This email is a week too late, apparently. I apologize for not emailing last week to thank you for that insightful Monday Morning Memo about radio buying. I am one of those two-dozen you spoke of in the Memo this morning. We are only buying radio spots with one station currently in our Fresno market and looking to buy in our San Francisco Bay Area market again, after taking a long break from radio. I have been wondering if we are buying properly and using the right station and have been a little overwhelmed with which station to go with in the Bay Area, as there are so many and the prices are SO much higher there. That email was clear. As you explained what not to do at the end (with Gross Rating Points), that was the only formula I recognized. I laughed out loud reading that, suddenly understanding what had been making me so nervous with buying radio. This is what EVERYONE does because that’s what they tell you is right! If it worked, everyone would be buying radio…and be happy with it…and companies wouldn’t be going under left and right. I forwarded your email last week to our owner (my father), who has been so generous as to let me attend two of your workshops over the past year (New Customer Acquisition and Magical Worlds) and he loved it!
A quick story- we had been down-sizing yellow page ads over the years and recently pulled out of all our yellow pages, except for bold listings (we were in nine books). We had the first full-page ad for the plumbing section and our rep kept begging me not to pull the spot out. She informed me that she did not want to be the one who lost the oldest running spot in that book from 1964. We had been doing the SAME marketing since 1964?! Well, if that isn’t an eye-opener, I don’t know what is! Each year we look through the book and cross off all the companies with half-page, full page and double-truck ads who have gone out of business. There are SO many. Again, that should be a warning, but those reps just don’t see it. Sigh. Whatever. I have a friend who works in another town for this yellow page book, and heard through the grape vine that we had pulled the oldest ad of the book. Needless to say, we are not liked by them at all.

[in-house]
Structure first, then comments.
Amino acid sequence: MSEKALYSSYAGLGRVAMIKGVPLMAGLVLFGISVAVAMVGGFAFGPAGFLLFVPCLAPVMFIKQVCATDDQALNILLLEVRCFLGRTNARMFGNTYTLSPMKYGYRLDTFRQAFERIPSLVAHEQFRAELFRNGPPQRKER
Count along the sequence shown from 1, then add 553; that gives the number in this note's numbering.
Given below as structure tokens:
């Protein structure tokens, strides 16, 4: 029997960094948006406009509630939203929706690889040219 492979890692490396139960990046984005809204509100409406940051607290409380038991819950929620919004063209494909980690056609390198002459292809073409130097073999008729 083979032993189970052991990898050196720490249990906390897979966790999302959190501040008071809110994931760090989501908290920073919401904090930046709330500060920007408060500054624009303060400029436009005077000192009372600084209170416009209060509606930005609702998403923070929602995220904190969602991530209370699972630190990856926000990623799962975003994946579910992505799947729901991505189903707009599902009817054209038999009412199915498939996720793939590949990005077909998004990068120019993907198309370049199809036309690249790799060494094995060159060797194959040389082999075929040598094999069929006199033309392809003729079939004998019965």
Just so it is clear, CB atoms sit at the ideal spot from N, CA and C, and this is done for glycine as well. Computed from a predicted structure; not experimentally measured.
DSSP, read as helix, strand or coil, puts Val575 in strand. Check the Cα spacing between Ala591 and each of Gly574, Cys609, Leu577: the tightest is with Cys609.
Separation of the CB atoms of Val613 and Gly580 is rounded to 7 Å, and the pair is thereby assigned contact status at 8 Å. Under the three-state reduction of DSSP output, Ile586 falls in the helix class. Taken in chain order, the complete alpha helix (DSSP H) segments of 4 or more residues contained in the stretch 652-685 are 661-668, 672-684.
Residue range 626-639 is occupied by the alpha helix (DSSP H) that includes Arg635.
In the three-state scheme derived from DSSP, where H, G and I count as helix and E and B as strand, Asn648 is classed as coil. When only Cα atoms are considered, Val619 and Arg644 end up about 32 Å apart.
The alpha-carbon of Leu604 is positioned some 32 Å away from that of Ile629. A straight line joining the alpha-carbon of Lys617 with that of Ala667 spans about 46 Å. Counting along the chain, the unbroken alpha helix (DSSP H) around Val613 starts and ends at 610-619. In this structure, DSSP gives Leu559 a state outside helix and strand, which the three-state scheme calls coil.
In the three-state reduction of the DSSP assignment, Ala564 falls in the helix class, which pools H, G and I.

I am much more confident going into buying radio simply because I know a little more of what not to do. I was really looking forward to more. Bummer. Well, I’ll just have to read more of your books! Can’t wait til the next time I get to make it back to beautiful Austin for some more Salt Lick and thunder storms!
Thanks so much for all you do for small businesses!
It is much appreciated by some of us out there.
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Having purchased radio advertising in the majority of cities, towns, villages and hamlets of the United States and Canada, you deserve to know that you’re facing one of the three toughest radio markets in North America. For the record, the other two are San Jose, (your nearby Silicon Valley friend,) and Hartford, Connecticut.
I’m sorry if this sounds like a sales pitch, Andrea. It really isn’t. But I feel compelled to warn you that you’re walking into a very tough situation and I wanted you to have some kind of viable “Plan B.”
Devin Wright, my chief media negotiator, occasionally takes on media-buying projects for companies not on my client list that want an experienced hand at the helm. I have no doubt that you could do a solid job of media buying on your own, but Devin would save you a lot more money than he cost you. The big question will be budget. San Francisco is the fourth largest city in the U.S. with more than 7 million people in the total survey area. The ratio of available ad dollars to total market size is probably pretty ugly. It would be easier to learn to ride a bicycle on a Harley Davidson than to learn media negotiation by trying to penetrate San Francisco with a smallish radio budget.
The Bad News is that Devin is a professional advertising consultant. It’s what he does for a living, so I won’t ask him to advise you (or anyone else) for free. (So those readers out there who are thinking, “Maybe I could just bounce a quick question off him,” get that out of your head, please.)
Devin can be reached at (512) 295-5700 during business hours. (Central Time)
– Roy H. Williams
IMPORTANT NOTE: Advertising agencies receive a 15% “agency commission” on schedules negotiated with TV and radio stations. Devin Wright, like all my other Wizard of Ads partners, does not pocket this 15% commission but leaves it with you, the client, as an additional savings off the already-great rates he negotiates for you. His fee is typically 6 percent of the amount he spends on your behalf. This leaves you with the other 9 percent to put happily in your pocket, or better yet, to leverage toward purchasing an even stronger schedule. First he gives you better rates and a stronger schedule for your budget. Then he delivers an additional 9 percent net reduction in cost. Not bad, huh? And if for any reason Devin can’t take on your project, the amazing Joe Hamilton is probably available to save the day. (All four of the guys below wear tights and a cape under their street clothes.)